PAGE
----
Hardy geranium macrorhizum is evergreen except in very harsh winters and the scented foliage turns red in the cold.  Pale pink or white flowers in late spring are an added bonus.   I find that phlomis russelliana are evergreen thought they can look tatty in a very bad winter (but mine are worse than UK).  Thge leaves are a soft sage green and there are tall spikes of soft yellow flowers in early summer followed by interesting seed heads for birds and frosted winter interest.  It will spread if happy and will need controlling.

    Hellebores are evergreen and have flowers in late winter/early spring which is when old foliage should be cut off to show the flowers and allow the new foliage through.  carex buchannaii is a bronze evergreen grass that will sway beautifully in teh wind and not spread madly.  It just needs combing through with gloved hands in spring. 

    Don't just think of foliage either.  Russian sage will give aromatic blue/green foliage throughout the spring and summer plus blue flowers which insects love and then striking bare white stems in winter.   Cut these back every spring to promote new growth and maintain the colour and vigour.

    As for giving you a plan, the best thing is to buy the plants you like and which will suit the soil and aspect and then place them in the border in their pots then move them around till you have pleasing combiations of toning or contrasting colour shape and form.  Definitely a good idea to match the planting in the pots for your bench as long as they will have equal sun and shade.   If not, plant to suit available light.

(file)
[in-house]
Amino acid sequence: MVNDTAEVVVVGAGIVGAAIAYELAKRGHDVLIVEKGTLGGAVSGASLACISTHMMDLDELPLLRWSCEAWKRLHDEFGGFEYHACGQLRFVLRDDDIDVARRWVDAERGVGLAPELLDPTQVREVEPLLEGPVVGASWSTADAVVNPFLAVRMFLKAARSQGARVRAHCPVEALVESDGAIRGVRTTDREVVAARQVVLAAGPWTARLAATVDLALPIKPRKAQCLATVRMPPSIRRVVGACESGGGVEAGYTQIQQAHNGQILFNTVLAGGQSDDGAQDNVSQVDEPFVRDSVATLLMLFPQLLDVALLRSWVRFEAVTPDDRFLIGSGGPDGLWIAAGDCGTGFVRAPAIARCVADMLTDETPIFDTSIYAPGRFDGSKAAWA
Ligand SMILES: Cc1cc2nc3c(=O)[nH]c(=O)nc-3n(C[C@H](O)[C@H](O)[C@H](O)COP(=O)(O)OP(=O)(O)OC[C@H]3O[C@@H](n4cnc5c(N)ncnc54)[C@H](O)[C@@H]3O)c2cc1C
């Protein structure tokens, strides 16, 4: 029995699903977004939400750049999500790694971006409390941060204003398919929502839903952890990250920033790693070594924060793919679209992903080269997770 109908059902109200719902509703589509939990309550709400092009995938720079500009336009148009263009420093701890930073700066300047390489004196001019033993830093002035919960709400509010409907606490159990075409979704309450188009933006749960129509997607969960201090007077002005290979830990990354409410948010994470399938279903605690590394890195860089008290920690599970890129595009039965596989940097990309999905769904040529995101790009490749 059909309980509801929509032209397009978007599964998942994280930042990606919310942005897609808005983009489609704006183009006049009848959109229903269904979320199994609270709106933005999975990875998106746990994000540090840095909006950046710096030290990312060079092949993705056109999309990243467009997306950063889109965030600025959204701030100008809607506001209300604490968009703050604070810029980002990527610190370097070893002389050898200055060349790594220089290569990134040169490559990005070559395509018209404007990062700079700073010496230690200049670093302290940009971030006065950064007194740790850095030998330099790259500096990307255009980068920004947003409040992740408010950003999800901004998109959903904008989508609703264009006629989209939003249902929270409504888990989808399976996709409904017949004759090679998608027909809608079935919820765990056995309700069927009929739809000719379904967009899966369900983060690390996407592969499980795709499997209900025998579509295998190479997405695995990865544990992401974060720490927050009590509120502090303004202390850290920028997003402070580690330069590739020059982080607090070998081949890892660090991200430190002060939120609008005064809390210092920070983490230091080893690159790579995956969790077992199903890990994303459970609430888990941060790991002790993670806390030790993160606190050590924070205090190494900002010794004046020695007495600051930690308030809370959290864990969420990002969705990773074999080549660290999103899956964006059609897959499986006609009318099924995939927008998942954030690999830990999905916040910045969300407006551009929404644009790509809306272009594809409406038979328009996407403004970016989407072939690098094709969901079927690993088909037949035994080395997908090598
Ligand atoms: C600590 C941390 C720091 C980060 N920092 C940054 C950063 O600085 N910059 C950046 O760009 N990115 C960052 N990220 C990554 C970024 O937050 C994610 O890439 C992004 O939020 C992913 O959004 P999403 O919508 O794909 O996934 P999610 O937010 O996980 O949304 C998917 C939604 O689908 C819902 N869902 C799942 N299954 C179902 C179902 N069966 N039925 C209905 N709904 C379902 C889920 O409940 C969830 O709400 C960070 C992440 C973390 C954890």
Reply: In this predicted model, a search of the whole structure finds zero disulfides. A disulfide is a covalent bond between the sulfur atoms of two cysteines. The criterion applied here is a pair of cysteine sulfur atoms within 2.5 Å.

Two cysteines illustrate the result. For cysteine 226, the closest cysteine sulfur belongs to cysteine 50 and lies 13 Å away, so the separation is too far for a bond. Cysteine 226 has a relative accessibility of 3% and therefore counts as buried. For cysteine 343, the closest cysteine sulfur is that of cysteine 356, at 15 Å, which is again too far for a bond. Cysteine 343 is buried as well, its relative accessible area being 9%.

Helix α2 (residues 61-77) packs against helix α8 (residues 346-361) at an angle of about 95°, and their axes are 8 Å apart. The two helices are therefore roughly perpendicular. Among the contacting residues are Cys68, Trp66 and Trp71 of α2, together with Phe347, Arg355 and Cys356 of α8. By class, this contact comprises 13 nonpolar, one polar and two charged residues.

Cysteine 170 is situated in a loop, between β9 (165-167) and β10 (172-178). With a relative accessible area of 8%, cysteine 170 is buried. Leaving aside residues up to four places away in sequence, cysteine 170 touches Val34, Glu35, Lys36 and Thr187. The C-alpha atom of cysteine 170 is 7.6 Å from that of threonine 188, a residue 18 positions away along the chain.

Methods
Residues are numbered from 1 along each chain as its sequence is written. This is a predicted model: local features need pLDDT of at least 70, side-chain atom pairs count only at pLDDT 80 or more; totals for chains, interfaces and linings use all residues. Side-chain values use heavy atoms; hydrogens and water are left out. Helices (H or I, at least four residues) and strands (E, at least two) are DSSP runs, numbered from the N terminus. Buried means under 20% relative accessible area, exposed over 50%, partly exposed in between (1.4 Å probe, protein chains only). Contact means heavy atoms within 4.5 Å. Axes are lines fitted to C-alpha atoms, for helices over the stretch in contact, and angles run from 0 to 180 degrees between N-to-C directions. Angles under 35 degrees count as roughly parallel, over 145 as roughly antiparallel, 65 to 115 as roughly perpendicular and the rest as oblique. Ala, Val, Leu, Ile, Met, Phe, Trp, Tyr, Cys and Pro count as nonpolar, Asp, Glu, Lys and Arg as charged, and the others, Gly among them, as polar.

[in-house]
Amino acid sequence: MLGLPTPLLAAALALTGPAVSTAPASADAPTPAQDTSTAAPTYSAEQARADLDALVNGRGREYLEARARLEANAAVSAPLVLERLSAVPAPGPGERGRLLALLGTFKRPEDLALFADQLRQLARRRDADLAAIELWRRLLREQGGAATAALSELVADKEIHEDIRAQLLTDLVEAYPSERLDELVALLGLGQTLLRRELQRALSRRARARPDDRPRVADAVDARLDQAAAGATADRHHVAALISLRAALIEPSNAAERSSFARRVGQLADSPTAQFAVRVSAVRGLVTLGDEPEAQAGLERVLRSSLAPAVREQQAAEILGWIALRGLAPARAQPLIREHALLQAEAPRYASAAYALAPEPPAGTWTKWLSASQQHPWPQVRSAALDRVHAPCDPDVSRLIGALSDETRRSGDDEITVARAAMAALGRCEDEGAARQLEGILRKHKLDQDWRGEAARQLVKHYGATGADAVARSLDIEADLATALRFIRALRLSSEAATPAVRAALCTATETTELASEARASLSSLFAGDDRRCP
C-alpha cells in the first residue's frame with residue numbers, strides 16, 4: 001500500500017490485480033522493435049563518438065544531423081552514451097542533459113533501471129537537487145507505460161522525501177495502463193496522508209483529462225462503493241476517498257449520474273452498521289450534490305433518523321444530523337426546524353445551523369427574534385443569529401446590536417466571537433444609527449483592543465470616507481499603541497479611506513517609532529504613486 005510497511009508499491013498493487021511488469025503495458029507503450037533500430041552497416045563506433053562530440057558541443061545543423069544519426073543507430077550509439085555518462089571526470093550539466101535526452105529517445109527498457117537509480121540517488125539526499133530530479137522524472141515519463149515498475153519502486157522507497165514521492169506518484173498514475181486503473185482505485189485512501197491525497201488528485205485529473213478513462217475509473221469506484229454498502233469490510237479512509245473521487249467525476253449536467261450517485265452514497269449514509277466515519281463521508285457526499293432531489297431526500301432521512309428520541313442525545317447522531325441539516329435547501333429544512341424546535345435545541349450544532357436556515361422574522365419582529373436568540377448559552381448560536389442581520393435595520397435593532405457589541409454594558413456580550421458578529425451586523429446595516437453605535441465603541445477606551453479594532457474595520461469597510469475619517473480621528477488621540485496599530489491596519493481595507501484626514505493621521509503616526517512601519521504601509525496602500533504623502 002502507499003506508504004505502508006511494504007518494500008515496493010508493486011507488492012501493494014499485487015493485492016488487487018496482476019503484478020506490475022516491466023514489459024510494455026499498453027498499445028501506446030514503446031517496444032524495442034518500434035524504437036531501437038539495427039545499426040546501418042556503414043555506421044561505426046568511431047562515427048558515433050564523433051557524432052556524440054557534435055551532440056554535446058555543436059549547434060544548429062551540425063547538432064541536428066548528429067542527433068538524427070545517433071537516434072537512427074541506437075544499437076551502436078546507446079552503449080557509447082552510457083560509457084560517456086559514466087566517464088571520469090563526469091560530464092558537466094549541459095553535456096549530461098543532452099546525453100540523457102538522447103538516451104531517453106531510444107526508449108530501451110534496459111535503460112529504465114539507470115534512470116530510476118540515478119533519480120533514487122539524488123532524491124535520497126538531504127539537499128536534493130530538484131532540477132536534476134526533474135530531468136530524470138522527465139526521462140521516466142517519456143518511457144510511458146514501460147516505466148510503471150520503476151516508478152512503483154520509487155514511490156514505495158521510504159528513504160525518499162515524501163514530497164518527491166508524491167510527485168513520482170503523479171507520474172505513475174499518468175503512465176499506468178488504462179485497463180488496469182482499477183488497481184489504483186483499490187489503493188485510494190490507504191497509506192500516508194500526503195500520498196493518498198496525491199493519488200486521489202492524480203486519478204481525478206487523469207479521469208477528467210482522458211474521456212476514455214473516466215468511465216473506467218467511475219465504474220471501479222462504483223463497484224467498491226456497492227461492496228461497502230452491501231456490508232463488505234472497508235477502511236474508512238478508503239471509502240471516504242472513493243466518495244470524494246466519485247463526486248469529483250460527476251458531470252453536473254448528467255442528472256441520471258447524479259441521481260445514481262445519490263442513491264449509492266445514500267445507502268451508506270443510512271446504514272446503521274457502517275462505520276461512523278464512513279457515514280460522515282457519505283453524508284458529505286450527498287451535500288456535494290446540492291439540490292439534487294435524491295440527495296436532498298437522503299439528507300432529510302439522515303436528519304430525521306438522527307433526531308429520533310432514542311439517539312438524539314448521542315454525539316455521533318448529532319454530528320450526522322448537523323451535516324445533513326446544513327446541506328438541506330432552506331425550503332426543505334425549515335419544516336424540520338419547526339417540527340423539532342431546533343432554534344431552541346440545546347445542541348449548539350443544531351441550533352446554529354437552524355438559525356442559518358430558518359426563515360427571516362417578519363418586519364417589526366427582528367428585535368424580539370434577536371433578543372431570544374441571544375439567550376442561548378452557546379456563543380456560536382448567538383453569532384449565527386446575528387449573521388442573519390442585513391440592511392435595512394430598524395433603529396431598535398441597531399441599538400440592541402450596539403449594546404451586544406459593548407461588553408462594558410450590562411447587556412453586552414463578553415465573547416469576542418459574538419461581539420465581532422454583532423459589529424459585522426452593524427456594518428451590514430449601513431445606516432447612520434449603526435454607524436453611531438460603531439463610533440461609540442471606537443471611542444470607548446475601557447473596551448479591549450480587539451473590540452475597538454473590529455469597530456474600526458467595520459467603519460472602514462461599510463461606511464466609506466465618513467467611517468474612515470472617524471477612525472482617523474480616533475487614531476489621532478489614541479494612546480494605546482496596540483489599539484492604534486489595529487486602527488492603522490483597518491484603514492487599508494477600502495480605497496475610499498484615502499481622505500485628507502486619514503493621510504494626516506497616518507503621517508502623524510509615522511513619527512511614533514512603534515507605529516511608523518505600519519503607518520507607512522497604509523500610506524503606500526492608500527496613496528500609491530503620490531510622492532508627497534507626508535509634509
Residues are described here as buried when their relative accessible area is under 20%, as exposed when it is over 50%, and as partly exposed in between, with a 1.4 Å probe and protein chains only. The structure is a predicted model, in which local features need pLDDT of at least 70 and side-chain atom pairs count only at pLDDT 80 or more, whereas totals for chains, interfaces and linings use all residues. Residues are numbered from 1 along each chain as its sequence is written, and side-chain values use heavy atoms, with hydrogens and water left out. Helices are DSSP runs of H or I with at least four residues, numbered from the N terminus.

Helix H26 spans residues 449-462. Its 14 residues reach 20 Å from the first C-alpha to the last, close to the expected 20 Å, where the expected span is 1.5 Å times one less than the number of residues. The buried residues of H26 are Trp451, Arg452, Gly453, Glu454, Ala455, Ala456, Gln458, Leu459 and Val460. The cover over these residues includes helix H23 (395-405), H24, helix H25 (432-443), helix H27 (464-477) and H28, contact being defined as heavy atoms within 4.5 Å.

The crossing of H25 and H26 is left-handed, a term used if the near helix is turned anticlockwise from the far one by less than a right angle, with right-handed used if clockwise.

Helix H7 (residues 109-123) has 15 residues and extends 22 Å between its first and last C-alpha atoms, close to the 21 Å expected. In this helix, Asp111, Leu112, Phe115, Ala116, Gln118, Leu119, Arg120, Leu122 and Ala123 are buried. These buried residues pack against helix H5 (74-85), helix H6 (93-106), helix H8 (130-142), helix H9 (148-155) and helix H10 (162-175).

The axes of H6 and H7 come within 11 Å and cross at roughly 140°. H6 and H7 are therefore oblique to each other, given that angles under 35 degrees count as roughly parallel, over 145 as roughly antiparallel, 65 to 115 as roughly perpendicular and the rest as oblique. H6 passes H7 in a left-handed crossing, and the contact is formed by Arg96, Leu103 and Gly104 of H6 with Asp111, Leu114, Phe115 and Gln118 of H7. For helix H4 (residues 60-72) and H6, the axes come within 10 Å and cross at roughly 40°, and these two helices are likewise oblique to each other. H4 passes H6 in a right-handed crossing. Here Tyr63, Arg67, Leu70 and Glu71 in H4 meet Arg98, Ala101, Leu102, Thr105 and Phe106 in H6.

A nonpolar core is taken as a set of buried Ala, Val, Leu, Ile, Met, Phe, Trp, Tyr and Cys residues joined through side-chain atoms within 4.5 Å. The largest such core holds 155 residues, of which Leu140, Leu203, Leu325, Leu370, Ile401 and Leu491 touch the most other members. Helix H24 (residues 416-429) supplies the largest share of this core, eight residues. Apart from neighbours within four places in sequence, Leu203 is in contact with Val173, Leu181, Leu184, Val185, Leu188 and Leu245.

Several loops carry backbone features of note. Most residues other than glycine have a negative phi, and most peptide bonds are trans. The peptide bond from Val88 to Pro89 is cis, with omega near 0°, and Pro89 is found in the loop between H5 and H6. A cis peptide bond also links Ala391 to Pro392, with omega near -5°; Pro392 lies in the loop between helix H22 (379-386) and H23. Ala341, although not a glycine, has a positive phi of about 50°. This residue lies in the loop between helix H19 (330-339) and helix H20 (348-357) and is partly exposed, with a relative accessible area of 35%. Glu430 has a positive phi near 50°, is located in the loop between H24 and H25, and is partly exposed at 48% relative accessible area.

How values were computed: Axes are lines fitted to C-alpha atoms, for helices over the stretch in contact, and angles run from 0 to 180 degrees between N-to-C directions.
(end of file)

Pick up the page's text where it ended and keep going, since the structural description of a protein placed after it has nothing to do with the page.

"We don't stop playing because we grow old; we grow old because we stop playing." - George Bernard Shaw
  • rhonsalrhonsal Posts: 25

    i agree with hellebores and heuchera's - i've also recently revamped my garden to get some year round interest and have invested in some azaleas, camelias and ferns. I've also planted some Loropetalum chinensis Fire Dance which has lovely burgandy leaves and bright pink ribbon like flowers, and a Daphne to give some much needed ealry scent in the garden.

    Whatever you decide to plant - enjoy!

  • Wow thanks for all the advice,

    I like the look of the Loropetalum chinensis Fire Dance thanks rhonsal

    Hellabores seem a nice plant for winter interest thanks obelixx

    Thanks Kate yes your right that is lavender in the centre I think. On the subject of skimias I have just read they need 2 plants 1 male and 1 female is this correct.

     

    If someone can name the plants in the photo I would be eternally grateful as I think my heart is set on trying to get my planters looking something like the pic.

    I suppose I will have to prune away on a regular basis to achieve the effect ,but I am willing to do that to achieve the desired effect.As I have said I am a novice who will put the hard work in.

    Thanks for all your wonderful help so far I really appreciate it.

    Wish I had been born with green fingersimage

  • DaintinessDaintiness EssexPosts: 959

    Hi Bill, difficult to tell what the plants at the back of the photo from but I can do most of the front ones. From the left front - 3 Hebe balls (to their right)Heuchera with Lavender behind and black Phormium behind it;front and right again 3 varigated Hebe balls; yellow foliage behind looks like Euonymous; front and right again golden Heuchera with Caryopteris(blue flowers)behind;right and front again, blue grass with a varigated grass behind - hope this helps.